Indirect Lending: Yea or Nay?

CU lenders debate the wisdom of obtaining loans through auto dealers.

July 02, 2013
KEYWORDS credit , indirect , lending , unions
/ PRINT / ShareShare / Text Size +

Do credit unions do a disservice to members via indirect lending? Or is this practice a powerful tool that allows members to obtain loans when and where they want?

That was the “great debate” between two credit union lenders: Dawn Wade-Brummett, vice president of retail lending and operations for ORNL Federal Credit Union, Oakridge, Tenn. (above, left); and Jim Holt, CEO of MidAmerican Credit Union, Wichita, Kan., (above, right) during the America's Credit Union Conference Monday afternoon.

David Polet, CUNA Mutual Group’s director, voice of customer, moderated the discussion and polled the audience on its views of indirect lending: 58% said they believe it’s a member-focused service, while roughly 30% disagreed somewhat with that statement.

“We must get past the stereotype of the shady dealer,” said Wade-Brummett, an indirect lending proponent. She said reputable dealers often get lumped in with those that are irresponsible—similar to how credit unions sometimes are unfairly equated with banks.

“Indirect lending is about empowering members to get loans when and where they need them,” Wade-Brummett said. “Credit unions should do due diligence with dealers like they do with all vendors—and they should never give up control of underwriting.”

Holt, meanwhile, applauded the 30% of session attendees who “had not gone over to the dark side” by working with auto dealers. “It’s not good to send members into a high-pressure situation where they will be sold high-priced products.

“And do we want the people the dealers send us?” he continued. “Less than 20% of these people even qualify for other services.”

Wade-Brummett offered a firm “yes” to that question. “We want these members, and every credit union should. These people live in your community. They may not fit your model, but credit unions need to extend services to those who need them. Let’s introduce ourselves to them.”

That’s fine, Holt said, “but I don’t want the first contact a member has with us to be a sales guy at a dealership. I want that to be with my employees, who’ve been properly trained and coached. We have trained loan officers who can fit them into the right deal—and maybe change their mind from buying a Cadillac to a Taurus.”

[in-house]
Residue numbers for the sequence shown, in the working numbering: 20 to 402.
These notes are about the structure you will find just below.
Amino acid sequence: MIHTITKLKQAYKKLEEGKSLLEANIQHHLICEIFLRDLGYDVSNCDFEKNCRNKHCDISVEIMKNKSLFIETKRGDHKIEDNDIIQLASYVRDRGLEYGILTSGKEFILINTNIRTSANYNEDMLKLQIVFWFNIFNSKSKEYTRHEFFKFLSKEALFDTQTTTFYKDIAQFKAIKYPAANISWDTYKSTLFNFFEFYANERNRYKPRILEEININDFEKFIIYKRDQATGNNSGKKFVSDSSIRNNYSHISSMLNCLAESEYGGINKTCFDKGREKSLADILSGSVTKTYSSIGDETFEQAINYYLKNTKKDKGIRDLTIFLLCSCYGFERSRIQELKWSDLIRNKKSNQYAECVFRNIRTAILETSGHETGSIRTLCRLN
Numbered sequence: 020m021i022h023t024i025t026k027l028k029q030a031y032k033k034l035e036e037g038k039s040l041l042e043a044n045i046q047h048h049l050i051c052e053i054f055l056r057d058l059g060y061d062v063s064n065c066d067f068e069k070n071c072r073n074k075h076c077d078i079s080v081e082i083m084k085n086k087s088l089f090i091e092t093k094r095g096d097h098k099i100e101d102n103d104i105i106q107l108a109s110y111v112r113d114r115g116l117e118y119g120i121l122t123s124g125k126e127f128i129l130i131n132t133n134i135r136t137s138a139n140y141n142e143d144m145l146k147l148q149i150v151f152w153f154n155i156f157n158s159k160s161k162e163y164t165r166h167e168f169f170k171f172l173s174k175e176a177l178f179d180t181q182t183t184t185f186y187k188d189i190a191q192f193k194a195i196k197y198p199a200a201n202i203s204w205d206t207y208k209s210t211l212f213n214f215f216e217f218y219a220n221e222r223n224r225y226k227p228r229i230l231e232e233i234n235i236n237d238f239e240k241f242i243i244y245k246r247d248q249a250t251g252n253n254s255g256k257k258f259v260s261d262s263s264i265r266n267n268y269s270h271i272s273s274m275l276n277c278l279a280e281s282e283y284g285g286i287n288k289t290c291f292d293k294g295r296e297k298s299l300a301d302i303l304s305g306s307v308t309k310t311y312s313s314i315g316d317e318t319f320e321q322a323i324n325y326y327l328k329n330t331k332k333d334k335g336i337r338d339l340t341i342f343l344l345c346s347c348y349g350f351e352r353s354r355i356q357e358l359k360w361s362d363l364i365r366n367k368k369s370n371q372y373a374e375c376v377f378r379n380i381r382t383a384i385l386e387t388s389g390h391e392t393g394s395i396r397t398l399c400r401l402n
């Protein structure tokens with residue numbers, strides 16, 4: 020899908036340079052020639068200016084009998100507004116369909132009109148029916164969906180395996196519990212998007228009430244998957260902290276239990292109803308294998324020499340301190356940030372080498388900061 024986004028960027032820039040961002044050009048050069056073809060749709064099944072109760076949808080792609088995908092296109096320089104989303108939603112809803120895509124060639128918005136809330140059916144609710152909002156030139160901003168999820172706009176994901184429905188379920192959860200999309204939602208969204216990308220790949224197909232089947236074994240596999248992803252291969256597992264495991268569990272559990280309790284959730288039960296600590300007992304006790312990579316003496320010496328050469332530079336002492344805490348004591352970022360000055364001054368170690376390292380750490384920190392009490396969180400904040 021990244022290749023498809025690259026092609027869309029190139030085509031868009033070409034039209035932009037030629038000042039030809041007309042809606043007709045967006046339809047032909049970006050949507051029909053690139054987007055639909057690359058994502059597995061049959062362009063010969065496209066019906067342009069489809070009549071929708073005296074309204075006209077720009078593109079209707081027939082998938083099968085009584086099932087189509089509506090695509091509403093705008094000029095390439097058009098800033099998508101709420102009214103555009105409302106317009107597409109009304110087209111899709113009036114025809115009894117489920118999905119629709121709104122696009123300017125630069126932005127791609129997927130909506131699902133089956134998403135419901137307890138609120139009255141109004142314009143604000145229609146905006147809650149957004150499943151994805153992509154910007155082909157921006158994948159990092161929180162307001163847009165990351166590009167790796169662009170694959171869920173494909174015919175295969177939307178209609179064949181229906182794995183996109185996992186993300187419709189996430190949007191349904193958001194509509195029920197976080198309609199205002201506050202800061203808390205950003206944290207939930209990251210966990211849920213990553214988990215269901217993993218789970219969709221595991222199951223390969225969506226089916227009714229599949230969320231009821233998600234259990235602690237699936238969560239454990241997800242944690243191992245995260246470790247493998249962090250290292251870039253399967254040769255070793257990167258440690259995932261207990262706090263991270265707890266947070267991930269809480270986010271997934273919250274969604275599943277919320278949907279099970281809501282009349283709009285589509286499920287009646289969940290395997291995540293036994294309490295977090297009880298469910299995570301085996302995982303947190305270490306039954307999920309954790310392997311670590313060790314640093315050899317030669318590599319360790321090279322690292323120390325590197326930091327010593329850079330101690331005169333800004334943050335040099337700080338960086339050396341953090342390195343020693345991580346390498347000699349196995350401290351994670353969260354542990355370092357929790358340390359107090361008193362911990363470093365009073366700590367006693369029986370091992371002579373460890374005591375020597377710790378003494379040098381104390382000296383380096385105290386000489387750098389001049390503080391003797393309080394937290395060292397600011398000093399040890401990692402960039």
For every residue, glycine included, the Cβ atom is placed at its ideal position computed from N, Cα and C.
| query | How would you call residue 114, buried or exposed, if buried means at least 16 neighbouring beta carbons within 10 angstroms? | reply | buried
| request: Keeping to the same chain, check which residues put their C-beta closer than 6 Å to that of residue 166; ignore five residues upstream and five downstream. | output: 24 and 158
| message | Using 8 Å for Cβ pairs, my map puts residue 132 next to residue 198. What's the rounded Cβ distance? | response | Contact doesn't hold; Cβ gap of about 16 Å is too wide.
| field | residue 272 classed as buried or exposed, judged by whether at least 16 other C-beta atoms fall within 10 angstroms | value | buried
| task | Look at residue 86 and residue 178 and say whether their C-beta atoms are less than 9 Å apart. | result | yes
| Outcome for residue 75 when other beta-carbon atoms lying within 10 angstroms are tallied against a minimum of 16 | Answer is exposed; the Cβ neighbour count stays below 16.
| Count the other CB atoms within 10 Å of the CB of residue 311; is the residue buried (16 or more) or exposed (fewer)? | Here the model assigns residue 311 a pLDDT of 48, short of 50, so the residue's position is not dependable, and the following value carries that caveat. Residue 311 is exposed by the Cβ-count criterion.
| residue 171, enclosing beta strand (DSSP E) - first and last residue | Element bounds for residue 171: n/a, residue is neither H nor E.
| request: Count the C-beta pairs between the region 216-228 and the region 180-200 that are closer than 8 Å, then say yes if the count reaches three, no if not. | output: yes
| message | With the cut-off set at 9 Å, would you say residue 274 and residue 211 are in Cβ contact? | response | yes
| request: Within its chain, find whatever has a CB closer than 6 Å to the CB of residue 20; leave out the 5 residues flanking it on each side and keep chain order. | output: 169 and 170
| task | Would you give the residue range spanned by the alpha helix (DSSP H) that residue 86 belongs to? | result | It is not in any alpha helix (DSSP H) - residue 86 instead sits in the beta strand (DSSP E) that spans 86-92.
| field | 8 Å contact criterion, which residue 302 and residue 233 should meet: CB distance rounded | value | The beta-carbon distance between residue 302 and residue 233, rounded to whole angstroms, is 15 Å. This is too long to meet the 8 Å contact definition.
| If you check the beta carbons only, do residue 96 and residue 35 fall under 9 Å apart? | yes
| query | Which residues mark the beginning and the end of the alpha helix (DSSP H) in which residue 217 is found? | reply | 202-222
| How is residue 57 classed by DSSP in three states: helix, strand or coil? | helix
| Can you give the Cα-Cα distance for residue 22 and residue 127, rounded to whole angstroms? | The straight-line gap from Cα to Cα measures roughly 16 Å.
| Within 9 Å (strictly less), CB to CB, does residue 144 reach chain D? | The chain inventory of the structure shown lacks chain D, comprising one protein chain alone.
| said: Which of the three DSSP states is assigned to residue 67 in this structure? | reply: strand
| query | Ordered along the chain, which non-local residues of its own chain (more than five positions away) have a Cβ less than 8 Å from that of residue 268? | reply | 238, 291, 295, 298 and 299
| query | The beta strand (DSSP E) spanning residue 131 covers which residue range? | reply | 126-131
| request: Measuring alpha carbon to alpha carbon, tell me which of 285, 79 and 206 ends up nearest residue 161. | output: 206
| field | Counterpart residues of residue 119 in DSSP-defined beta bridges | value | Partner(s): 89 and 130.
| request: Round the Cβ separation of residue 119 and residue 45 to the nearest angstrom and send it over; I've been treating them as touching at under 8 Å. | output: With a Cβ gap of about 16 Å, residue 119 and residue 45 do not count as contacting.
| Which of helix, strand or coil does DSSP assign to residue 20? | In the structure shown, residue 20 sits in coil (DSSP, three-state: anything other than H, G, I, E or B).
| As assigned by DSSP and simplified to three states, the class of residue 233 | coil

Be sure to visit News Now and Credit Union Magazine frequently this week to keep up with all the ACUC action in New York City. You can also follow ACUC on Twitter using the links below:

News Now LiveWire
Credit Union Magazine
CUNAVerse

Members Choice

Will Scott
July 02, 2013 1:44 pm
Whatever we want our members to do and how we want them to do it, becomes more obsolete each day. It's all about serving the members the ways in which they want. If they feel more comfortable at a car dealership, having an option to finance through a credit union, I support what they want and will serve their needs. Most potential new members want to borrow money. Why not make it easier for them to do it with us?


Flag Comment as Offensive

Post a comment to this story

heroes

What's Popular

Popular Stories

Recent Discussion

Great article! Unfortunately, most employees don’t feel valued or appreciated by their supervisors or employers. In fact, research has shown that the predominant reason team members quit their jobs is because they don’t feel valued. This is in spite of the fact that employee recognition programs have proliferated in the workplace – over 90% of all organizations in the U.S. has some form of employee recognition activities in place. But most employee recognition programs are viewed with skepticism and cynicism – because they aren’t viewed as being genuine in their communication of appreciation. Getting the “employee of the month” award, receiving a certificate of recognition, or a “Way to go, team!” email just don’t get the job done. How do you communicate authentic appreciation? We have found people have different ways that they want to be shown appreciation, and if you don’t communicate in the language of appreciation important to them, you essentially “miss the mark”. Additionally, employees need to receive recognition more than once a year at their performance review. Otherwise, they view the praise as “going through the motions”. A third component of authentic appreciation is that the communication has to be about them personally – not the department, not their group, but something they did. Finally, they have to believe that you mean what you say. How you treat them has to match the words you use. If you are not sure how your team members want to be shown appreciation, the Motivating By Appreciation Inventory (www.appreciationatwork.com/assess) will identify the language of appreciation and specific actions preferred by each employee. You then can create a group profile for your team, so everyone knows how to encourage one another. Remember, employees want to know that they are valued for what they contribute to the success of the organization. And communicating authentic appreciation in the ways they desire it can make the difference between keeping your quality team members or having a negative work environment that everyone wants to leave. Paul White, Ph.D., is the co-author of The 5 Languages of Appreciation in the Workplace with Dr. Gary Chapman.

Your Say: Who should be Credit Union Magazine's 2014 CU Hero of the Year?

View Results Poll Archive